Lets check out the java script now. At most places I have added comments for clarity. The code itself is also very simple. It starts with a window onLoad event handler function, inside which we initialize the app. The first line inside initApp() method, scrolls the window vertically so as to hide the address bar (URL bar) of the browser, which gives the app more of a native look. This is a very nice hack to auto hide the address bar. Then we have defined methods for setting the canvas height (setCanvasDmiension()) and also to initialize all the user events (initializeEvents()), which will register the necessary touch based javascript events for drawing. Lets move to the initializeEvents method. The code block is below,

function initializeEvents() {
  canvas.addEventListener('touchstart', startPaint, false);
  canvas.addEventListener('touchmove', continuePaint, false);
  canvas.addEventListener('touchend', stopPaint, false);

  clearBtn.addEventListener('touchend', clearCanvas,false);
}

As you can see we have touch based javascript events. These are standard javascript DOM events for web kit based browsers. As you might have guessed it right, touchstart is the equivalent of mousedown, touchmove for mousemove and touchend for mouseup. Since a mobile device doesnot have a mouse to interact, hence the touch events were introduced to give a fluidity to the interaction behavior. That does not mean that you cannot use the mouse events for a touch device. You can still use the standard mouse events such as click, mousedown, mouseup e.t.c. We have registered the three standard touch events for our canvas, and upon generation of the events necessary functions are called to handle it. We also have registered a touchend event to the clear button, so that when you tap it clearCanvas() method is called to clear out the canvas.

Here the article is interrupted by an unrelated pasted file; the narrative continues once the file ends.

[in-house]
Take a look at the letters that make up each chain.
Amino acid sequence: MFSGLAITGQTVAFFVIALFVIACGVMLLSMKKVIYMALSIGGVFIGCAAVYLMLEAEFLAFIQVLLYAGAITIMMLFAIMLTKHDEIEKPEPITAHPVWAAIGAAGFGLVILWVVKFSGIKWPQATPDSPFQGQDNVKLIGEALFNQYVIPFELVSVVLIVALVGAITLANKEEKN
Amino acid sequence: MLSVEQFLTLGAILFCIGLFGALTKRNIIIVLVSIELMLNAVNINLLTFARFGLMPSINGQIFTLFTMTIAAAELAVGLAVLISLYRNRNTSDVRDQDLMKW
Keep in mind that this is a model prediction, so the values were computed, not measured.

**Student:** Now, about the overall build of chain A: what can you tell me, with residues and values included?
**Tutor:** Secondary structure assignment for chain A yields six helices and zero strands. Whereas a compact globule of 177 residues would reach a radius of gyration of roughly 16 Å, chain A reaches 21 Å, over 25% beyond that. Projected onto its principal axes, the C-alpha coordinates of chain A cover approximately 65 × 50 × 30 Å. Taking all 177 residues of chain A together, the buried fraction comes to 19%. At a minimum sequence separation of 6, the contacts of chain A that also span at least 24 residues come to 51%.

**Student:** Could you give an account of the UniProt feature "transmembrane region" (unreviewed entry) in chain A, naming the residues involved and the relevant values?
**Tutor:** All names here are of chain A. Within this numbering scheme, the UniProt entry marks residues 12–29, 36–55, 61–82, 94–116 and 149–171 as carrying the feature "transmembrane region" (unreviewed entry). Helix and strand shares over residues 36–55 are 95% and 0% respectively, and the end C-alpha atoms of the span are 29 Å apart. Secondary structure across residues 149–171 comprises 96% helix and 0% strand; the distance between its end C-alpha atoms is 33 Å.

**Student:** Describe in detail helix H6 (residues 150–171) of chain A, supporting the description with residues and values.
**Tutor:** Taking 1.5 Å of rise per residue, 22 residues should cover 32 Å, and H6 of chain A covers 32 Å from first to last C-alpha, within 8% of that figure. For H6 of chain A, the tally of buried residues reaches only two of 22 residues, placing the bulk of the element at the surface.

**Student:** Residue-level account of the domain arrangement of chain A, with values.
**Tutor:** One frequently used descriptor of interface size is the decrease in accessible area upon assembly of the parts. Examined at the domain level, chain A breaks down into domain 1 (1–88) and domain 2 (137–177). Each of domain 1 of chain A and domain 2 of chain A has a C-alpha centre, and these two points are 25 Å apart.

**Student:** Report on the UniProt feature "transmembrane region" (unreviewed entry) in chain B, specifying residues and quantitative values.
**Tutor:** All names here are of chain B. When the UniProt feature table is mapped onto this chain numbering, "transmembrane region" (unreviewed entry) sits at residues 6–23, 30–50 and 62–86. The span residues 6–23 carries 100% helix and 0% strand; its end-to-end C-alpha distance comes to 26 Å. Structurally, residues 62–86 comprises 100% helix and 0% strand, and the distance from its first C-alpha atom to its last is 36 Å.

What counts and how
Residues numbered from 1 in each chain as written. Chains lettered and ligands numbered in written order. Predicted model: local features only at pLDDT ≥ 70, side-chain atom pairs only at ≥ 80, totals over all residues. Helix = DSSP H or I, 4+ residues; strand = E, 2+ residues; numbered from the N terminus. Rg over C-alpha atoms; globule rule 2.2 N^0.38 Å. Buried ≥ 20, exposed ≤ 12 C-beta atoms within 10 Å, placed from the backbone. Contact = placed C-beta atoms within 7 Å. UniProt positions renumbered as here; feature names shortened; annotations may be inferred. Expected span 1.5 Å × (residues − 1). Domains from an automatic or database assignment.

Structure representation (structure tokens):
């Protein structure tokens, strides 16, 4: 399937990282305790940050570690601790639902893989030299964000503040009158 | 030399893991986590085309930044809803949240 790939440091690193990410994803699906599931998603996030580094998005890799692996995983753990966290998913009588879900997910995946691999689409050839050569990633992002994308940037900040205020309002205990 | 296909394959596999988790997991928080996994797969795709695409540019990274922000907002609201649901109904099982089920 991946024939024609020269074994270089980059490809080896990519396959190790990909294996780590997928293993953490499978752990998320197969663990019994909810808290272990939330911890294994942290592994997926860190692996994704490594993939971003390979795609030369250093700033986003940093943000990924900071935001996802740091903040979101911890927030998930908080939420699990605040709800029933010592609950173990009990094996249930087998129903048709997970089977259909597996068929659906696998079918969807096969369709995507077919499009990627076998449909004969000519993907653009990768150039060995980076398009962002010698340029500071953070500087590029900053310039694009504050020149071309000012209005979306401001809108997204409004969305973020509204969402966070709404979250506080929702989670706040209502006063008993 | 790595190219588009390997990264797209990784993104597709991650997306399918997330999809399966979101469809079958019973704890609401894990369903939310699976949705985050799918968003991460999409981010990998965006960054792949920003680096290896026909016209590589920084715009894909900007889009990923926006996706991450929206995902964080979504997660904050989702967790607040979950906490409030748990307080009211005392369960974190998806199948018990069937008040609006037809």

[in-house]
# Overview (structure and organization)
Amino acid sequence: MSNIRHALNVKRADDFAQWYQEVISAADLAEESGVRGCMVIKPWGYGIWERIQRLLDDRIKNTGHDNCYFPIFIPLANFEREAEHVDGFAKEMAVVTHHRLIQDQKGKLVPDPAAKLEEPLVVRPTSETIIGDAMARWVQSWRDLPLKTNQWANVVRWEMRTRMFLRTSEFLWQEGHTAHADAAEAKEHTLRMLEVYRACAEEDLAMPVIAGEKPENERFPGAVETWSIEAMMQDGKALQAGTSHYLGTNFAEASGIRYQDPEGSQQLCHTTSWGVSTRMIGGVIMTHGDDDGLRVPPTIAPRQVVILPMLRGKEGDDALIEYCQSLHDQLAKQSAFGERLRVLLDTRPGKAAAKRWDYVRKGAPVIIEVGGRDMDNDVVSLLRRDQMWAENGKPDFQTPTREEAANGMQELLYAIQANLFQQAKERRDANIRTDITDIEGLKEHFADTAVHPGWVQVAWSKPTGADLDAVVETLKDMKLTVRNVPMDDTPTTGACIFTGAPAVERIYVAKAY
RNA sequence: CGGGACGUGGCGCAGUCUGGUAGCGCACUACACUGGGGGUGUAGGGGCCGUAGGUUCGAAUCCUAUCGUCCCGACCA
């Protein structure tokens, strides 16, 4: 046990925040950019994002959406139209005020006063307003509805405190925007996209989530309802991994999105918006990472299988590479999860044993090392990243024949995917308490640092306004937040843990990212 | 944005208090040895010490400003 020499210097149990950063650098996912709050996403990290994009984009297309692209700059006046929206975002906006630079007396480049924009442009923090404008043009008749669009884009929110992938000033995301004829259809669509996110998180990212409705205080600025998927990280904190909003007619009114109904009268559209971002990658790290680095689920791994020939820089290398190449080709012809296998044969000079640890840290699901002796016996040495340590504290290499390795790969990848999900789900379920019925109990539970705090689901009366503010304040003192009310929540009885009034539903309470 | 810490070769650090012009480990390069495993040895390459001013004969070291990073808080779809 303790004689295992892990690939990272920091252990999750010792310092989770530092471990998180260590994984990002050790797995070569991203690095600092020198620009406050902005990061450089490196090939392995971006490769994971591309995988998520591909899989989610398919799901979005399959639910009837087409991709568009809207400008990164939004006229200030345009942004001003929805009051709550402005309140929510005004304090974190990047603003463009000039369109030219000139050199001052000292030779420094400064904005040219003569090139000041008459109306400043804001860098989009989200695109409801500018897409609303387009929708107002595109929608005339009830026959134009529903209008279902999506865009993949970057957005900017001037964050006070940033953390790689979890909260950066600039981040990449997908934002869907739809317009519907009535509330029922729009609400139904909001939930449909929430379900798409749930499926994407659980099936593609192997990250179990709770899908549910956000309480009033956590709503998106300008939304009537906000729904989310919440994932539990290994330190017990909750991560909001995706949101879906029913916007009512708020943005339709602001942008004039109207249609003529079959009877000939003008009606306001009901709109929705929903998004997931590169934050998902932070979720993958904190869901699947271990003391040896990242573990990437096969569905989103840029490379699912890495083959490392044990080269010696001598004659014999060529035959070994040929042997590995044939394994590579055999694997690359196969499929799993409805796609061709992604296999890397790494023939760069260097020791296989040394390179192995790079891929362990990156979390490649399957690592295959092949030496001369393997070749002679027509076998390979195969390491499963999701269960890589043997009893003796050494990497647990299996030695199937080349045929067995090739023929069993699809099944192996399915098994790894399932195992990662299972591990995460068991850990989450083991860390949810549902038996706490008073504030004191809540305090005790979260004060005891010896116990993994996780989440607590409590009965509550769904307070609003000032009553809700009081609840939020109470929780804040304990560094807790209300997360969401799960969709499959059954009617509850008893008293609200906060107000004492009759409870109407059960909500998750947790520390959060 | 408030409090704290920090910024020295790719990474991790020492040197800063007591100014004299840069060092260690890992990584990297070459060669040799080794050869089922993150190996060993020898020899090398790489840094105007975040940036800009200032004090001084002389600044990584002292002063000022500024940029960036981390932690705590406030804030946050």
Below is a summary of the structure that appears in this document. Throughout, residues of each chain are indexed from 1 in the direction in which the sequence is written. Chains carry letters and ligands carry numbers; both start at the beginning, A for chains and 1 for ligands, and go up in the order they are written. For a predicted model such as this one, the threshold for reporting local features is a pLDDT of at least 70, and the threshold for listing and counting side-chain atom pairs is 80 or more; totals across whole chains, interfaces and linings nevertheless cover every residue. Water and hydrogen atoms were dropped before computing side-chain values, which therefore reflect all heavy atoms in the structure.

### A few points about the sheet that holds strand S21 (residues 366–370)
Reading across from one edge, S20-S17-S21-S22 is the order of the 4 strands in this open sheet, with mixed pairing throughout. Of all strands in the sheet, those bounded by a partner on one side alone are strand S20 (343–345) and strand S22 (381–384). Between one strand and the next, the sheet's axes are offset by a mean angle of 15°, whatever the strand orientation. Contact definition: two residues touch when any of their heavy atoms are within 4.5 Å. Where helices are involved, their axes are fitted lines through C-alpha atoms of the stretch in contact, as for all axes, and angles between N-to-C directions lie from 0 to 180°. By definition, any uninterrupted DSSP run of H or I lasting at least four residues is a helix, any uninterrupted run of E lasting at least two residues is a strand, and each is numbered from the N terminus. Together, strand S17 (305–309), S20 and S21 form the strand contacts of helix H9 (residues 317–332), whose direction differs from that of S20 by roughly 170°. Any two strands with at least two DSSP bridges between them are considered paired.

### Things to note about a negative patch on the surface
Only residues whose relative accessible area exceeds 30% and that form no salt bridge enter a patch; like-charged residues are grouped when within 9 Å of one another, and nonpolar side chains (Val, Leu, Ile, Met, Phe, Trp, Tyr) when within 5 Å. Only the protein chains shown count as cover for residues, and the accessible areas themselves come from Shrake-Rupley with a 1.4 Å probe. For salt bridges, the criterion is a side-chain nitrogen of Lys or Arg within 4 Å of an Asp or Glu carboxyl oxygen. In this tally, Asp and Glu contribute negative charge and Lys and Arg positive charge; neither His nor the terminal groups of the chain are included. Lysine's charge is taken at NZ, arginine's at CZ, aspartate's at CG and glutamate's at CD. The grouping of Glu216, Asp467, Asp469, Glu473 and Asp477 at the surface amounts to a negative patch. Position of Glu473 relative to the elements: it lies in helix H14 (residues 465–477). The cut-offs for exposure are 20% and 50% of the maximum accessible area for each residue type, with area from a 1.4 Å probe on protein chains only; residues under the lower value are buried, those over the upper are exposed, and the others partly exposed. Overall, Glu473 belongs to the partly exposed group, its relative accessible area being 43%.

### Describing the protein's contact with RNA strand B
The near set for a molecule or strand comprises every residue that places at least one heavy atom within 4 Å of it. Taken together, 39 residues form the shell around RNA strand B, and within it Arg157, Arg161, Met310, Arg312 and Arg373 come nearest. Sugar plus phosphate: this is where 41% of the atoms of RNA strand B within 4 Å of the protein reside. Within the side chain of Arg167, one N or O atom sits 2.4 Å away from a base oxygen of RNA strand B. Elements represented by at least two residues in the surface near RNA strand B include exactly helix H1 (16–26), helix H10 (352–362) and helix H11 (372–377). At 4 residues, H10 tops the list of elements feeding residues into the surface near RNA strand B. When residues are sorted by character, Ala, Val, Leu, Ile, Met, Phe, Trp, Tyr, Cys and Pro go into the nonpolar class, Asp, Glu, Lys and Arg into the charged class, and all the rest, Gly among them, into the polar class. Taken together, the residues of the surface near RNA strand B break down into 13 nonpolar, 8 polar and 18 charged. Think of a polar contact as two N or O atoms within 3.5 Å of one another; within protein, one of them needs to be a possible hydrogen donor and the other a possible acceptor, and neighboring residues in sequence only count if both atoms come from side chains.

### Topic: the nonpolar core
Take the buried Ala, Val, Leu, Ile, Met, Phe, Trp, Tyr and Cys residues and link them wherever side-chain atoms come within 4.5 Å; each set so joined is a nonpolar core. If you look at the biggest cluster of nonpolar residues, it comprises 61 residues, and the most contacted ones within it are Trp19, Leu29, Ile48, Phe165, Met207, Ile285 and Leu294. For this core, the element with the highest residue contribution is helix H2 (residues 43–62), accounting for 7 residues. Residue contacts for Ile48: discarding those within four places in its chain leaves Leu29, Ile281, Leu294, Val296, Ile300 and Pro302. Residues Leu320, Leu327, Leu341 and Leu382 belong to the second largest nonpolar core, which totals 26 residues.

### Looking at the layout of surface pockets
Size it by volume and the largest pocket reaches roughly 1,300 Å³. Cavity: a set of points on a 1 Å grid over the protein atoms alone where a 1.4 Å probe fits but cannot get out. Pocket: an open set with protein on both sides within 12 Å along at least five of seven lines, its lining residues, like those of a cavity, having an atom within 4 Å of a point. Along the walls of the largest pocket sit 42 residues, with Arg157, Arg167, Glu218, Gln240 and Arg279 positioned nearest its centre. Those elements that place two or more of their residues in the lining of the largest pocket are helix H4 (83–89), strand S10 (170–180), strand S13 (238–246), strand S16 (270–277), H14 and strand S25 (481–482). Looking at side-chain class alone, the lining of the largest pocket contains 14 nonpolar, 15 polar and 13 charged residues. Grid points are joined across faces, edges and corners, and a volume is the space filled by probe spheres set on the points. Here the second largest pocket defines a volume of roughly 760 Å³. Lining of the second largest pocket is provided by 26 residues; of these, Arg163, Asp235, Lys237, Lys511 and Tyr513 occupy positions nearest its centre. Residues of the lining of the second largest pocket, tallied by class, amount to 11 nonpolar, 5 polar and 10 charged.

Thereafter, we have the event handler methods for capturing the touch co-ordinates and drawing.

function startPaint(evt) {
  if(!buttonDown)
  {
    context.beginPath();
    context.moveTo(evt.touches[0].pageX, evt.touches[0].pageY);
    buttonDown = true;
  }
  evt.preventDefault();
}

function continuePaint(evt) {
  if(buttonDown)
  {
    context.lineTo(evt.touches[0].pageX,evt.touches[0].pageY);
    context.stroke();
  }
}

As you can see above, startPaint() is called when touchstart event is fired. Inside it, we move the drawing cursor to the point where your finger touched the mobile screen. And then evt.preventDefault(); prevents the web page from being dragged around the browser, which is the default behavior when you finger taps the screen and moves around. So, we are preventing the drag behavior so that you can draw inside the canvas. continuePaint() is called when touchmove is fired, i.e when you move your finger. Inside this function we just draw the line to the point where your finger has moved to at present and then continue to draw the line as you move your finger along the canvas, by getting the latest co-ordinates. The co-ordinates of the finger is stored in the event(evt in our case) object’s touches array. The touches array stores the co-ordinates of multiple fingers touching the screen. Since our application is a single touch application so we get the co-ordinates from the zeroth index of the array i.e touches[0]. Now, each finger co-ordinates can be accessed from the pageX and pageY property. And then finally we have context.stroke() to pen down the line we have drawn (i.e draw it actually on the screen).

Finally, we have the stopPaint() function which is called when your finger is withdrawn from the screen.

The overall application is pretty simple to build, but can be scaled. We can add multiple color support to the app to fill up the drawing and also to give a stroke color.  Here is the link to the demo

http://jbk404.site50.net/html5/paint/

Open the app in a touch device as it will not work on a desktop browser, since we have touch events.

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3 thoughts on “HTML5 Canvas Paint App for iPhone

  1. Good post. I study something more difficult on totally different blogs everyday. It would always be stimulating to learn content material from other writers and observe slightly something from their store. I want to make use of some with the content material on my blog whether you don’t mind. Natually I provide you with a hyperlink in your net blog. Thanks for sharing.

  2. Pingback: Simple HTML5 Canvas Drawing App: ‘Stache the Hipster | Delmar Senties: Alt. Media Design